This article needs to be wikified. (December 2011)
A Sikh temple or Gurdwara (the door or the gateway to the Guru) is a place of worship in the Sikh religion. In the temple, the Sikh scriptures are recited or sung, and sermons are given. Festivals are celebrated there. Sikh congregations also take part in birth, death, baptism, and marriage ceremonies in the temple. Guru Granth Sahib is usually placed at one end of the temple, high up under a canopy.
The Gurdwara serves many needs. It is a place where people can develop spiritual knowledge and wisdom. It is open to everyone, of every age, sex, caste, and creed. All men, women and children are treated as equals. The temple offers shelter and food to anyone in need. It offers care for the sick, elderly, and disabled. It is also a centre for promoting culture and health. In the temple, children are often taught about morality, Sikhism, and history. The Gurdwara is also a place where people can talk about problems facing the Sikh community. For example, they can talk about situations where the Sikh code of discipline was broken, and they can decide on what punishment is needed. The Gurdwara also plays a socio-economic role in the Sikh community. It is expected to be free from any sectional interests or party politics.
A free kitchen is attached to every Gurdwara. There, the food (Langar) is prepared and served. Other people and communities are allowed to visit a Gurdwara. This is one of the things that the Sikh community does to improve relations and understanding between Sikhs and other communities. These visits help satisfy others' curiosity about Sikhism. They also help visitors to better understand the Sikh religion, customs, and culture.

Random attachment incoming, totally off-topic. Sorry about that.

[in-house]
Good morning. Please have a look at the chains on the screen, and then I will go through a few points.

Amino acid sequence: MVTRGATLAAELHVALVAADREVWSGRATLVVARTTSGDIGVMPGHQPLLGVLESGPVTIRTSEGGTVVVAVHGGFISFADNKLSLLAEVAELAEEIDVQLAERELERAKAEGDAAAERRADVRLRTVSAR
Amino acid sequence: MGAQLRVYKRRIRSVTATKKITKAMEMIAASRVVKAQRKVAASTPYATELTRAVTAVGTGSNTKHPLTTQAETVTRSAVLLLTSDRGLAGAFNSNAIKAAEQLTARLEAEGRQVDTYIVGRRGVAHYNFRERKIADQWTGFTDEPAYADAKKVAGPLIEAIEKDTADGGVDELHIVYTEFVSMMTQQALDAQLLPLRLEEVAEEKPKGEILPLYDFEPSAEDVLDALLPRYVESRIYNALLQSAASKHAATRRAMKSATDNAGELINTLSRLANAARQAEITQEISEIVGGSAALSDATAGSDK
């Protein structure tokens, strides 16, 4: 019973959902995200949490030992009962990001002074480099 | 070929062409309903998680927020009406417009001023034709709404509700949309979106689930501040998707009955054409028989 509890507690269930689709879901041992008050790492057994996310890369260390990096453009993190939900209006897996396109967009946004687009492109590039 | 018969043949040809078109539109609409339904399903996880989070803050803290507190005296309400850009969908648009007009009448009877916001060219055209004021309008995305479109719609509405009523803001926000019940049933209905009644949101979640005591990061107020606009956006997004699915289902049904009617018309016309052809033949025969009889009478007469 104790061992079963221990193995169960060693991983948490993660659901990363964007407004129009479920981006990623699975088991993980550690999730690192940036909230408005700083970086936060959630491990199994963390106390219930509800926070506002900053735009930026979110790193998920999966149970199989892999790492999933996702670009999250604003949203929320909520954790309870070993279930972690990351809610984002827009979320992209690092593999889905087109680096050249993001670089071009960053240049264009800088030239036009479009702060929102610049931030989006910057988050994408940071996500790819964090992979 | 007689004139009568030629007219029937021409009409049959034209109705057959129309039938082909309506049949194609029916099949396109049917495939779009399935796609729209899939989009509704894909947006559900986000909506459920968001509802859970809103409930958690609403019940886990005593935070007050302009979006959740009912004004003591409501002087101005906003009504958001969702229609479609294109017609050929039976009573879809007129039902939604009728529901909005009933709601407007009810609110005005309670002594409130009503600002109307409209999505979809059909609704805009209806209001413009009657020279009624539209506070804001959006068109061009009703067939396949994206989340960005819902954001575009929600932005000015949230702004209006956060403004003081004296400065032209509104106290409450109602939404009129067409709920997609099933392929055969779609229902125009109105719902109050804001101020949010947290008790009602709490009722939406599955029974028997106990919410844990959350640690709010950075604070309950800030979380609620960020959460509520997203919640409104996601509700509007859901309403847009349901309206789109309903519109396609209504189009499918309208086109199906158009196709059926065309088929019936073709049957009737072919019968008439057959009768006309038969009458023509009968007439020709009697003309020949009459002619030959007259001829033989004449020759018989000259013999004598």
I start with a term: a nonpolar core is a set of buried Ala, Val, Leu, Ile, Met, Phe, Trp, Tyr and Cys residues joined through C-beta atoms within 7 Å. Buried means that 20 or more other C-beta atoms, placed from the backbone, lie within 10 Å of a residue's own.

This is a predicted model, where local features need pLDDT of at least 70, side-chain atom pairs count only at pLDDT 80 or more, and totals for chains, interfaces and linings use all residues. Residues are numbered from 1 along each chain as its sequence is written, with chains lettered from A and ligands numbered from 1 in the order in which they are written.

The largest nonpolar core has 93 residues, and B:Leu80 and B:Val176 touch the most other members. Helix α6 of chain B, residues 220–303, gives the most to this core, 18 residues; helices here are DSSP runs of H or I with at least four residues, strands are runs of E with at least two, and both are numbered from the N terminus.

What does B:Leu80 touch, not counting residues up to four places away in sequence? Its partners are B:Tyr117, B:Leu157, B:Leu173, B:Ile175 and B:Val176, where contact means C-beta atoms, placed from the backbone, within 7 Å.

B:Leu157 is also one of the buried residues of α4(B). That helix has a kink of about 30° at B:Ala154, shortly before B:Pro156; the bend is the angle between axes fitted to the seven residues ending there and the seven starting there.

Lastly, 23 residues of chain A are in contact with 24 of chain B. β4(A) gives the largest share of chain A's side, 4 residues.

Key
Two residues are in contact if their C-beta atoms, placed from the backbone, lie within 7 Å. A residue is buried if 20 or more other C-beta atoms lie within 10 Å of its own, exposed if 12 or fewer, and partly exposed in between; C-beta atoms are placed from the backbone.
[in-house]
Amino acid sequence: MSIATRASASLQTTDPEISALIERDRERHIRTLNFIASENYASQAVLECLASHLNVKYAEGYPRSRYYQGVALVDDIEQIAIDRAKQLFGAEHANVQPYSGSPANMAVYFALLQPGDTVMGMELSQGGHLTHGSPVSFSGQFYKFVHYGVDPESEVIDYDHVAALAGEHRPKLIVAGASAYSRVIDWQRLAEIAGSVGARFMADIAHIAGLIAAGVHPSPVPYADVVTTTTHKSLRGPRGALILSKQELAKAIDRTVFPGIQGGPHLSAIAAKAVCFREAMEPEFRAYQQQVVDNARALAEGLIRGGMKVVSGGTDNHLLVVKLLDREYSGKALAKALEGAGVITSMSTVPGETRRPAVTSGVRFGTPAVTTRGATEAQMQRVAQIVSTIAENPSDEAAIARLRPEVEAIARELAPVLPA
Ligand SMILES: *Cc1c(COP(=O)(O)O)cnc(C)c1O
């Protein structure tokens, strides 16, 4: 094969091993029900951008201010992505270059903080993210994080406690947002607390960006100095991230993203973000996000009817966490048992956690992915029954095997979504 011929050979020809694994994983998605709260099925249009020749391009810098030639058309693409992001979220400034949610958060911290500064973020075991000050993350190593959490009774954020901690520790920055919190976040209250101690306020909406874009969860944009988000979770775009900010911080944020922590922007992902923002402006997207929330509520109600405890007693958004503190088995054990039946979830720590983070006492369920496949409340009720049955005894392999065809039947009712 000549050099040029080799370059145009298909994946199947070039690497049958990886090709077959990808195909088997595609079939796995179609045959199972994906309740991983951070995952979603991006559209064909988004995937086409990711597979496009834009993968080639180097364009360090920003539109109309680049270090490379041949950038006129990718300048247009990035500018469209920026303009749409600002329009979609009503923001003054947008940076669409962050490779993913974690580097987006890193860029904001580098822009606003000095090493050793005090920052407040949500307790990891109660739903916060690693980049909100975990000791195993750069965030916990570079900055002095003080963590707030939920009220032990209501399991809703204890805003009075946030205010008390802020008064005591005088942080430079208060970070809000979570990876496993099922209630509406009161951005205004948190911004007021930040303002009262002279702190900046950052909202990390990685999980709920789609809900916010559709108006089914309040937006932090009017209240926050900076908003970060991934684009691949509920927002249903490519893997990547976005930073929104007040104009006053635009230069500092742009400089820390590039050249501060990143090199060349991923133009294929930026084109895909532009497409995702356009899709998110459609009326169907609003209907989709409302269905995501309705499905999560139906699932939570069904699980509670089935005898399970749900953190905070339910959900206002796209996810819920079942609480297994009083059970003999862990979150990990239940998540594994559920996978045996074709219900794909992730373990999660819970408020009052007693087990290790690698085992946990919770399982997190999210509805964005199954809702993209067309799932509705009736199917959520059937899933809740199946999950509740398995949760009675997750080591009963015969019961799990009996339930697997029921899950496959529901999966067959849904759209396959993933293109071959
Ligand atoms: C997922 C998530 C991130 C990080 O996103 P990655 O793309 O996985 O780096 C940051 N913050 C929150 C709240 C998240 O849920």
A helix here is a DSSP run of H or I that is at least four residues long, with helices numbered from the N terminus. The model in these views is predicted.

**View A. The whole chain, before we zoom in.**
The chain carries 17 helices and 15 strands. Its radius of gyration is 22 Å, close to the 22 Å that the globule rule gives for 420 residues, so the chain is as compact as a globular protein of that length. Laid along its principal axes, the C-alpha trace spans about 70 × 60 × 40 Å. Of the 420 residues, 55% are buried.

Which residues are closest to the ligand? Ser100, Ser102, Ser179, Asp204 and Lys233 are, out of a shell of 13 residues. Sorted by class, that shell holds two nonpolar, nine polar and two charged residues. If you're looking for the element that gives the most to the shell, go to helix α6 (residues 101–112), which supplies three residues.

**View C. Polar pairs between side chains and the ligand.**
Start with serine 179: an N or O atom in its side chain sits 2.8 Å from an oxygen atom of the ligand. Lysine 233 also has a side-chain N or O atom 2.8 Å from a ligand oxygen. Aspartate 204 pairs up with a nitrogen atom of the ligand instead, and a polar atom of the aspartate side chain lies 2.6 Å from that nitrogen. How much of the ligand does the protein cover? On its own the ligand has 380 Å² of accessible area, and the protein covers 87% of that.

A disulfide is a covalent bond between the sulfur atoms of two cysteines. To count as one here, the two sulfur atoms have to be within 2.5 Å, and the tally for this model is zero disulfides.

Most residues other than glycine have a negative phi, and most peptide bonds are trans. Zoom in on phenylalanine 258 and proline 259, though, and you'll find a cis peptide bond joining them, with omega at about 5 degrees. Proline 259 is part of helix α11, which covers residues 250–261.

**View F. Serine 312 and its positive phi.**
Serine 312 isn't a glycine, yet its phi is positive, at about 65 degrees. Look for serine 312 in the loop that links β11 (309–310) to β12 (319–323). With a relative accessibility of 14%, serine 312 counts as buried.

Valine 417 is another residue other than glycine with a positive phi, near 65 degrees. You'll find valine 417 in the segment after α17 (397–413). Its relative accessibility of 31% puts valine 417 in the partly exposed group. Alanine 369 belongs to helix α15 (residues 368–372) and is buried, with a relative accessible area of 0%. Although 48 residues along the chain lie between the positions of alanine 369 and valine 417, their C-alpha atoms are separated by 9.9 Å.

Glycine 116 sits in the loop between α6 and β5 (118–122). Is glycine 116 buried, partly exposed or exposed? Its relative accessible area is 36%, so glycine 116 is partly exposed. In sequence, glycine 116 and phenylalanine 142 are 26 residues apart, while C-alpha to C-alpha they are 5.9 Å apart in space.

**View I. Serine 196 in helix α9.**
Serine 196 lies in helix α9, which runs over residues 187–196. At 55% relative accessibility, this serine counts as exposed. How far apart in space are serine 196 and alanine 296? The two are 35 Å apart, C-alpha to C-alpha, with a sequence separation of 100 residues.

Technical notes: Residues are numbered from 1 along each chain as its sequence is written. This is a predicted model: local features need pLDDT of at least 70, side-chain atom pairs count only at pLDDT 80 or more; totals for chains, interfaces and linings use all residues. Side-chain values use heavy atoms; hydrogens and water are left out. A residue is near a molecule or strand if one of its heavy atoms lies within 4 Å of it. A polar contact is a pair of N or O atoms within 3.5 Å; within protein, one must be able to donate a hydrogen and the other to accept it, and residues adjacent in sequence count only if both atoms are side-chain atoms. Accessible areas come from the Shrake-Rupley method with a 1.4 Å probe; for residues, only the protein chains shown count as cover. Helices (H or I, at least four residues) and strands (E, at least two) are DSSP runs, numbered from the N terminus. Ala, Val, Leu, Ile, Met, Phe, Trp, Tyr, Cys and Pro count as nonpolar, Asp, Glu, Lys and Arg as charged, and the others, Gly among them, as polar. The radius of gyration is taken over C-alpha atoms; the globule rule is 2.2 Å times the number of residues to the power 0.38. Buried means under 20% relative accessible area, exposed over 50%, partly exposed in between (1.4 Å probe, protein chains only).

A Gurdwara is marked by the Nishan Sahib, the Sikh flag. The four doors of a Sikh temple represent the Door of Peace, the Door of Livelihood, the Door of Learning, and the Door of Grace. These doors must always remain open to everyone.
Temple protocol change
If someone wants to visit a Gurdwara, a certain protocol (or set of rules and expectations) must be followed. In Sikhism, there are strict rules against using tobacco, liquor, or narcotics. These things are not allowed in or around the Gurdwara. Before entering the hall, people take off their shoes, wash their hands, cover their head, and think of the Guru. Even non-Sikhs must cover their head with a handkerchief or scarf. After entering the hall, where Guru Granth Sahib is kept, people must walk slowly, bow humbly, and touch their foreheads to the ground, out of respect and love for the Guru. As people bow, they must place an offering (or gift) respectfully before the Guru. The offering may be money, flowers, or words of thanks. Any sincere expression of thanks is equally acceptable to the Guru. After bowing and offering, a person should sit quietly in the Sangat (congregation), without disturbing others. Usually men sit on one side and women on the other. People sit in a cross-legged position. Talking or whispering is not allowed.
Usually, worship services in the Gurdwara follow common patterns. Kirtan is singing the holy hymns. Katha is reading, and then explaining, the hymns. Ardas is prayer. Six verses of Anand Sahib may be sung. There may also be Vak or Hukam, where one random hymn from Guru Granth Sahib is read. This is the Guru's message or 'Order' of the day to the Sangat. After the Hukam is done, Karah Parshad is distributed. Then Langar, food from the Guru's kitchen, is served.